Design Chain – Micro-medical parts, perfectly formed
By Lou Reade
Posted 6 December 2012
The use of micro- and even nano-moulding is becoming more widespread in the medical world, especially in the already-demanding field of medical devices.
Injection moulding techniques can now create tiny parts - or imbue normal-sized parts with intricate surface detail. There is little doubt that the medical industry is the main beneficiary of these new methods.
All types of parts, from hearing aids to micro-fluidic devices, are already being made in this way.
Medical sectors have benefitted from micro-moulding
Researchers in the US have studied how injection mould conditions can help to improve the production quality of micro-moulded parts. Their ultimate aim is to create plastic parts whose surfaces mimic the properties of specific biological tissues, in order to influence the way in which cells behave.
John Rodgers, Burak Bekisli and John Coulter, from Lehigh University, moulded high heat crystal polystyrene (HHCPS) and high impact polystyrene (HIPS) macroscale parts with microscale features - so-called 'micro pillars' which were a maximum height of around 15 microns.
They used a commercially available mould base (with matching steel insert) and a micro-featured silicon wafer - as well as an accurate temperature control system. Ultraviolet (UV) photolithography was used to create micro-channels on the surface of the silicon wafer, which acted as the back half of the injection mould surface.
Parts were moulded at 220, 260 and 300F on a Nissei micro-injection moulding machine. The parts were ejected with pins that pushed them away from the micro-featured mould surface.
Cycle times to create the parts ranged from around two minutes (HIPS at 220F) to nearly 11 minutes (HCCPS at 300F). However, the longer cycle times - and higher temperatures - created better parts, as the miniscule 'mould cavities' were filled more effectively. The maximum aspect ratio (height divided by width) was 9.3.
The researchers found no significant difference in the performance of the two materials, though HIPS has a much lower melt flow index (MFI).
"By achieving uniform surface properties - and controlling pillar aspect ratios - a variety of surface compliances can be created, and used to direct biological cell activity," Rodgers told delegates at this year's Antec conference, which was held alongside the NPE exhibition in the US.
In bioengineering, the microfeatures can help to direct and control the biological activity of cells - because cells have a mechanical sensitivity to their environment, and will behave differently depending on what they detect.
Mesenchymal (adult) stem cells, for example, differentiate into different types of cell depending on the elasticity of their environment - which can be altered depending on the structure of the plastic surface.
How small do you want to go?
"Control of cell fate has many important implications as a means to provide cell therapy in the medical field," he said.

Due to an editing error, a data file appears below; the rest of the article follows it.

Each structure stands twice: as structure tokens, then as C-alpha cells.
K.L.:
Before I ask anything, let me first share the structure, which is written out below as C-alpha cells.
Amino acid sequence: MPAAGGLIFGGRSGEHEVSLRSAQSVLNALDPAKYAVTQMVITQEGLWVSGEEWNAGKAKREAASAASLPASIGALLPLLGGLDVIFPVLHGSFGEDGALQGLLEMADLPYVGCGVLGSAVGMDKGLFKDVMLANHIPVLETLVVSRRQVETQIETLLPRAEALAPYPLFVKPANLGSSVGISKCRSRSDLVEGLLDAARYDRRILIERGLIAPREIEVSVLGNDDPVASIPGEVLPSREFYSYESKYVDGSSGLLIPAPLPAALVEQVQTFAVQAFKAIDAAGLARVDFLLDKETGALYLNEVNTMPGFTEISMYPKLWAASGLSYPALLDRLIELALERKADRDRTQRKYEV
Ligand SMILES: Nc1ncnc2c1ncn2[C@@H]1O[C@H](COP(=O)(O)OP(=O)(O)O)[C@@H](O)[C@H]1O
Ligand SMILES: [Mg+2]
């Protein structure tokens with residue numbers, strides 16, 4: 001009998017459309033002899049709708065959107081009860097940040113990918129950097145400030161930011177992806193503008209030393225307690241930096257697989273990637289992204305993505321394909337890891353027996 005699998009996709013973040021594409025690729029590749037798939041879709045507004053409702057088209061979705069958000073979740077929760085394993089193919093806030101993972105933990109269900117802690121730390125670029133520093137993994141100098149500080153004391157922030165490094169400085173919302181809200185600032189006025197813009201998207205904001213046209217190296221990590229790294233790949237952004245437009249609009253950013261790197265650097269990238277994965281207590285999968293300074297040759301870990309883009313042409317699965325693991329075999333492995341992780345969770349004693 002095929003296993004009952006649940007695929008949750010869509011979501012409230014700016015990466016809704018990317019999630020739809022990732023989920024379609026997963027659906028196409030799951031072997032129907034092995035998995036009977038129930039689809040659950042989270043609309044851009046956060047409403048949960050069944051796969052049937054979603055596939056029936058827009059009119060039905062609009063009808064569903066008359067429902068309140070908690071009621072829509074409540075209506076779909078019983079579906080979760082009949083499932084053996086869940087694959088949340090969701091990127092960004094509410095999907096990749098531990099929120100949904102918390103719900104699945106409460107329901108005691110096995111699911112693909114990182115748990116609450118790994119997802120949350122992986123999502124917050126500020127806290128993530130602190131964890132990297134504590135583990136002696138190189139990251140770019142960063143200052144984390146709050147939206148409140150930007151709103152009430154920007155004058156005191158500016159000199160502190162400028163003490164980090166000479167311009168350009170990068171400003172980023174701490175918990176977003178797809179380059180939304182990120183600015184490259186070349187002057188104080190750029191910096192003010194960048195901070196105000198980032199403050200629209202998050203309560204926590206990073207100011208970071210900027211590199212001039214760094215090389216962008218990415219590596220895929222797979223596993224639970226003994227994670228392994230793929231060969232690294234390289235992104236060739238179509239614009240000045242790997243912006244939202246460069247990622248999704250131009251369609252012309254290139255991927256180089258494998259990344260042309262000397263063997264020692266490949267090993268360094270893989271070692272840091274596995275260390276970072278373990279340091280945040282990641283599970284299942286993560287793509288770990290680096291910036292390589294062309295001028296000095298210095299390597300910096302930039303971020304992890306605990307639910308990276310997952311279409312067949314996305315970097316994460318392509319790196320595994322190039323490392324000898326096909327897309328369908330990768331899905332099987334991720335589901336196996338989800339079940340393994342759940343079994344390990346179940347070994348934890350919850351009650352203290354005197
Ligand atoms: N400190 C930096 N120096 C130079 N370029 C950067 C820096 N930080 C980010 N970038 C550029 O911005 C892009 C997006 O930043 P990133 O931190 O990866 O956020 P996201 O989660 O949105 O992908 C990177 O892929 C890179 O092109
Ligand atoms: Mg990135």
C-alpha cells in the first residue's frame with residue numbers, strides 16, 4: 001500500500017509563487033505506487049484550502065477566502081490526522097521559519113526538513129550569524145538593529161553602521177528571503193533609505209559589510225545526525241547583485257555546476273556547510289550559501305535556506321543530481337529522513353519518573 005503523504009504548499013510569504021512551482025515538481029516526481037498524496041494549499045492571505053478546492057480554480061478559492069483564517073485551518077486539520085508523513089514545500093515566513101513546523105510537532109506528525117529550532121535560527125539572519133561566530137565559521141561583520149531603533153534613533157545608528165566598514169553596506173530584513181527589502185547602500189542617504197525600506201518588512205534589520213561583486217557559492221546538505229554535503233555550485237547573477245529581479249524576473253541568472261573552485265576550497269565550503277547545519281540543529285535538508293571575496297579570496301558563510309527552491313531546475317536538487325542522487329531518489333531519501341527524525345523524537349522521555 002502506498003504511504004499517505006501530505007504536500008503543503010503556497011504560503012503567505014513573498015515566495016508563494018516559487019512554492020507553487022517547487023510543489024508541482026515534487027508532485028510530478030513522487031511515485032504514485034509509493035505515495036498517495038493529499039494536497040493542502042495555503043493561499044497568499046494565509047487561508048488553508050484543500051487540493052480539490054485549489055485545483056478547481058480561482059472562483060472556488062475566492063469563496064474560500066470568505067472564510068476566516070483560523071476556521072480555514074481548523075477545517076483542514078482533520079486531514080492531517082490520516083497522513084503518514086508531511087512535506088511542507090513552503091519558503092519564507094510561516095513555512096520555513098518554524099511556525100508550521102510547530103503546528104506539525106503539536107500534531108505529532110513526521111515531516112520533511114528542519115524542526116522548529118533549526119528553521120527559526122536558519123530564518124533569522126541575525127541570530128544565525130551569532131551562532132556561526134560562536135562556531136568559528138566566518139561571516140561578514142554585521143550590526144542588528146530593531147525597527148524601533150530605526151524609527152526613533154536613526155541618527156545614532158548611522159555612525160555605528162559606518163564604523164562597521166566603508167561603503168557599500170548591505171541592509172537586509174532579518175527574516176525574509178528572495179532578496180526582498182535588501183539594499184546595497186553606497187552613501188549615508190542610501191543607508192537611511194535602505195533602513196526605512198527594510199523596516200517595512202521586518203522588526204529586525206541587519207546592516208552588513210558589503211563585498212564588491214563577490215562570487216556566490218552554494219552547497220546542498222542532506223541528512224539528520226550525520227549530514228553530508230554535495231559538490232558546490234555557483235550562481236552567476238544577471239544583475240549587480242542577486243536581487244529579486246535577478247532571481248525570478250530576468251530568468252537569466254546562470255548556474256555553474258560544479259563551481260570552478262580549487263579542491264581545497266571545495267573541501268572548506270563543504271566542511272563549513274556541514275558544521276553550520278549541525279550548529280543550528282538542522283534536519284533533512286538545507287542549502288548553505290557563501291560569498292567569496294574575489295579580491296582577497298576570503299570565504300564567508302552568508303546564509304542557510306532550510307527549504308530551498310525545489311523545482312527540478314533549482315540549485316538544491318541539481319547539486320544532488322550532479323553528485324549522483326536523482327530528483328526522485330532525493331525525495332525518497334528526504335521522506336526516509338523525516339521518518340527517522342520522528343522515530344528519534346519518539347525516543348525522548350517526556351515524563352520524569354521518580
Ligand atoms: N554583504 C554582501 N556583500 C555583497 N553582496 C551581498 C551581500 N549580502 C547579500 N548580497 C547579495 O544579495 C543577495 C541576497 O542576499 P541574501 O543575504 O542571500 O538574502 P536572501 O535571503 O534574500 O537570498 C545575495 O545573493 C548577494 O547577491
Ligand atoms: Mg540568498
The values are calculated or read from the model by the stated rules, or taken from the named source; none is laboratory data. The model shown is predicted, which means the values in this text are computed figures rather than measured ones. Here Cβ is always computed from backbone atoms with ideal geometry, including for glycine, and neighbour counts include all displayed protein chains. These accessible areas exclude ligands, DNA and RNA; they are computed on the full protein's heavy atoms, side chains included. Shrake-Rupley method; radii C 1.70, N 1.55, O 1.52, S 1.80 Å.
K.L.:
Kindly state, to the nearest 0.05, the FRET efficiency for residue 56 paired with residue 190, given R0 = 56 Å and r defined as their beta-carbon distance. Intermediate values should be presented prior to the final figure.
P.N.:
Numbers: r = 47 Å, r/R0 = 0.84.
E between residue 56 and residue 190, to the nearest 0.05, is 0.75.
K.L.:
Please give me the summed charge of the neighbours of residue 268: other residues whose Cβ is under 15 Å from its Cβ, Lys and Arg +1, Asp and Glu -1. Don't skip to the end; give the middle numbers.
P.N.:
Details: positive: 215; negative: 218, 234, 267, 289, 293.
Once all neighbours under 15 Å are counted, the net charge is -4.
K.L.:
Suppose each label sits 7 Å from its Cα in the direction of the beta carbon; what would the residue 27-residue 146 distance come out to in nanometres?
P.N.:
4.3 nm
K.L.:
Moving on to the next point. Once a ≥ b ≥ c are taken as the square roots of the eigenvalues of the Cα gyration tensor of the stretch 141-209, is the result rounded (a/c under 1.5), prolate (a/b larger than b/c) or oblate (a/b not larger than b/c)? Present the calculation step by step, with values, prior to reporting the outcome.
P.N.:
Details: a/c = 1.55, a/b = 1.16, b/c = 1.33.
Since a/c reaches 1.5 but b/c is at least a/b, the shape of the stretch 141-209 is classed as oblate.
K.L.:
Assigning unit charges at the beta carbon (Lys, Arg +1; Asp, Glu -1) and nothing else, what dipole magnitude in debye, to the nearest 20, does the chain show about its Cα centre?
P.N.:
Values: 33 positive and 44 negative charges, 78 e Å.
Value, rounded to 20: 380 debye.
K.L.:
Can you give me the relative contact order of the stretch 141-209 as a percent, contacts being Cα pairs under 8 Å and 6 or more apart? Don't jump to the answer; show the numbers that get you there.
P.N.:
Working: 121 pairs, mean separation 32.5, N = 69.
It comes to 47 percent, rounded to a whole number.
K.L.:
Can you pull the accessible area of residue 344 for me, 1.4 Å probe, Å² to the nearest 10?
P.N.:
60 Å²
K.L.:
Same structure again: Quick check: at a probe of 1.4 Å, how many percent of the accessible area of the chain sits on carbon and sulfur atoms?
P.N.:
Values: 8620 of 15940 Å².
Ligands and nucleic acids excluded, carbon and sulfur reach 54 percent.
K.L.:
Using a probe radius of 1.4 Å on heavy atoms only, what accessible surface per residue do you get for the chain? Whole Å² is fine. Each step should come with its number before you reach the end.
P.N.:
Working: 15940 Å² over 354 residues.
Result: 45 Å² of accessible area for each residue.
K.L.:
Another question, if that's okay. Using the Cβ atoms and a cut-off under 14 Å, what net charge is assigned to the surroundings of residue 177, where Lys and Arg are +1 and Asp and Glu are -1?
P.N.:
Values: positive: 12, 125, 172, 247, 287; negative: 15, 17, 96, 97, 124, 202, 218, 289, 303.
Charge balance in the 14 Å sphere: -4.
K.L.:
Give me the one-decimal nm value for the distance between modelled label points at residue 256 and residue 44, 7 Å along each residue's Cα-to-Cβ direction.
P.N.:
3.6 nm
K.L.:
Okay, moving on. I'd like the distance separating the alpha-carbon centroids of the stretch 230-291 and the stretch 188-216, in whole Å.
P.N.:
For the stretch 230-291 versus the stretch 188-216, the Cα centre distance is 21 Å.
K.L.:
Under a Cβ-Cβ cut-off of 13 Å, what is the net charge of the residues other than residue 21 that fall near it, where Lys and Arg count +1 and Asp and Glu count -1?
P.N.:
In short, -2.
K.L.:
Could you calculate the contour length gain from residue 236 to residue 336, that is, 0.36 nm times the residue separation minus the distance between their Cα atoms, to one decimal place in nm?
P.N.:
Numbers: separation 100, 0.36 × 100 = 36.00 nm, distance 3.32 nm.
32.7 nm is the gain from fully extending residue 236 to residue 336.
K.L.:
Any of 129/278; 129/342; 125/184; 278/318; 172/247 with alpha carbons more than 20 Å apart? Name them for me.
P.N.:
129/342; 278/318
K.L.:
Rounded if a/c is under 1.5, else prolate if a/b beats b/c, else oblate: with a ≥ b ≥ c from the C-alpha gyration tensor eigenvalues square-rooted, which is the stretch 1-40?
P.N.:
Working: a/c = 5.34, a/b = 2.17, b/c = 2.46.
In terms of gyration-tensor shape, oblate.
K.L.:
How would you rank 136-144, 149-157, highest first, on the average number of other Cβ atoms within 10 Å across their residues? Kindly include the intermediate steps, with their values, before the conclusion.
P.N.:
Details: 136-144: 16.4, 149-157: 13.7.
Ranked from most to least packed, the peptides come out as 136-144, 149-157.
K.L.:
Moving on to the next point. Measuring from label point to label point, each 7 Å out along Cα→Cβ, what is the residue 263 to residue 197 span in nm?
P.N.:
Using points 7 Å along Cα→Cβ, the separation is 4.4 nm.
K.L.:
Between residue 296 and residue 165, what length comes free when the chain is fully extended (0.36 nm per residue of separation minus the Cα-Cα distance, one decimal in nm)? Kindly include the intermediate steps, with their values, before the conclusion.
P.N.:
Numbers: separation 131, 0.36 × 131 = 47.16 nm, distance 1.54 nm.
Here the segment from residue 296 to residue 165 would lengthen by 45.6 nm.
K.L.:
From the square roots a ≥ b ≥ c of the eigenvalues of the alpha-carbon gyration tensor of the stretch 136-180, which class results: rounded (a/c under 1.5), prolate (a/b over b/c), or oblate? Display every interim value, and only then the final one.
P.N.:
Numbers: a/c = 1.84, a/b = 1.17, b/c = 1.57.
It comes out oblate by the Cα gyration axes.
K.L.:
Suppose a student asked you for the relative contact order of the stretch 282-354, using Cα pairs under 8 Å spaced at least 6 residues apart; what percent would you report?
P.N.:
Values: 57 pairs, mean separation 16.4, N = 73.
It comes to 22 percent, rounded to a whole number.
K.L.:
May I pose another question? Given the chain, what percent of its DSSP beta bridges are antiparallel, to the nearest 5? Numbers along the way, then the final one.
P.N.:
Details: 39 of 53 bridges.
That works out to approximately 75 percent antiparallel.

Injection moulding machinery maker Desma, in collaboration with KUZ Leipzig, has developed an improved way to make micro-parts from two-component liquid silicone. It says the main uses of the technique will be in the medical industry.
While the material can be used to make more effective parts, it can be difficult to process. A machine to make these parts needs a metering system for feeding and mixing, an injection moulding unit with plasticising unit, heated mould and handling equipment.
"For micro-injection, the screw diameter limits the precision, and the technique requires a large gate - resulting in a lot of waste and long cycle times," said Desma's Bjoern Dormann, in a presentation at Antec.
Desma has optimised its FormicaPlast machine to allow more accurate production of two-component silicone parts.
Firstly, it uses the plunger principle for injection, to give high precision and smooth material handling. At the same time, a transfer index mechanism is used to mould and inject the material.
"For optical microparts in particular, the melting of the thermoplastic is essential," he said.
In this process, the weight of the sprue is much more than the part itself. But using parallel injection units keeps the weight of the sprue to a minimum.
The main aim in the medical industry is to use minimally invasive surgery to implant the micro part into the body. An example is to make micro channels, which transport fluids in order to relieve pain for patients. Another high value application is micro containers. These are filled with medicine, which is then fed by a micro pump into the body. After emptying, the containers can be refilled.
Silicone lenses are another possible application of two component liquid silicone micro-moulding.
So whether micro moulding is used to make tiny parts, or to add intricate detail to the surface of conventional parts, it seems likely that its role will be increasingly important in the medical sector.
Check out www.prw.com in the coming weeks for further Design Chain features and click here for the digital version of the new supplement.
Comment on this article.
[ Back ]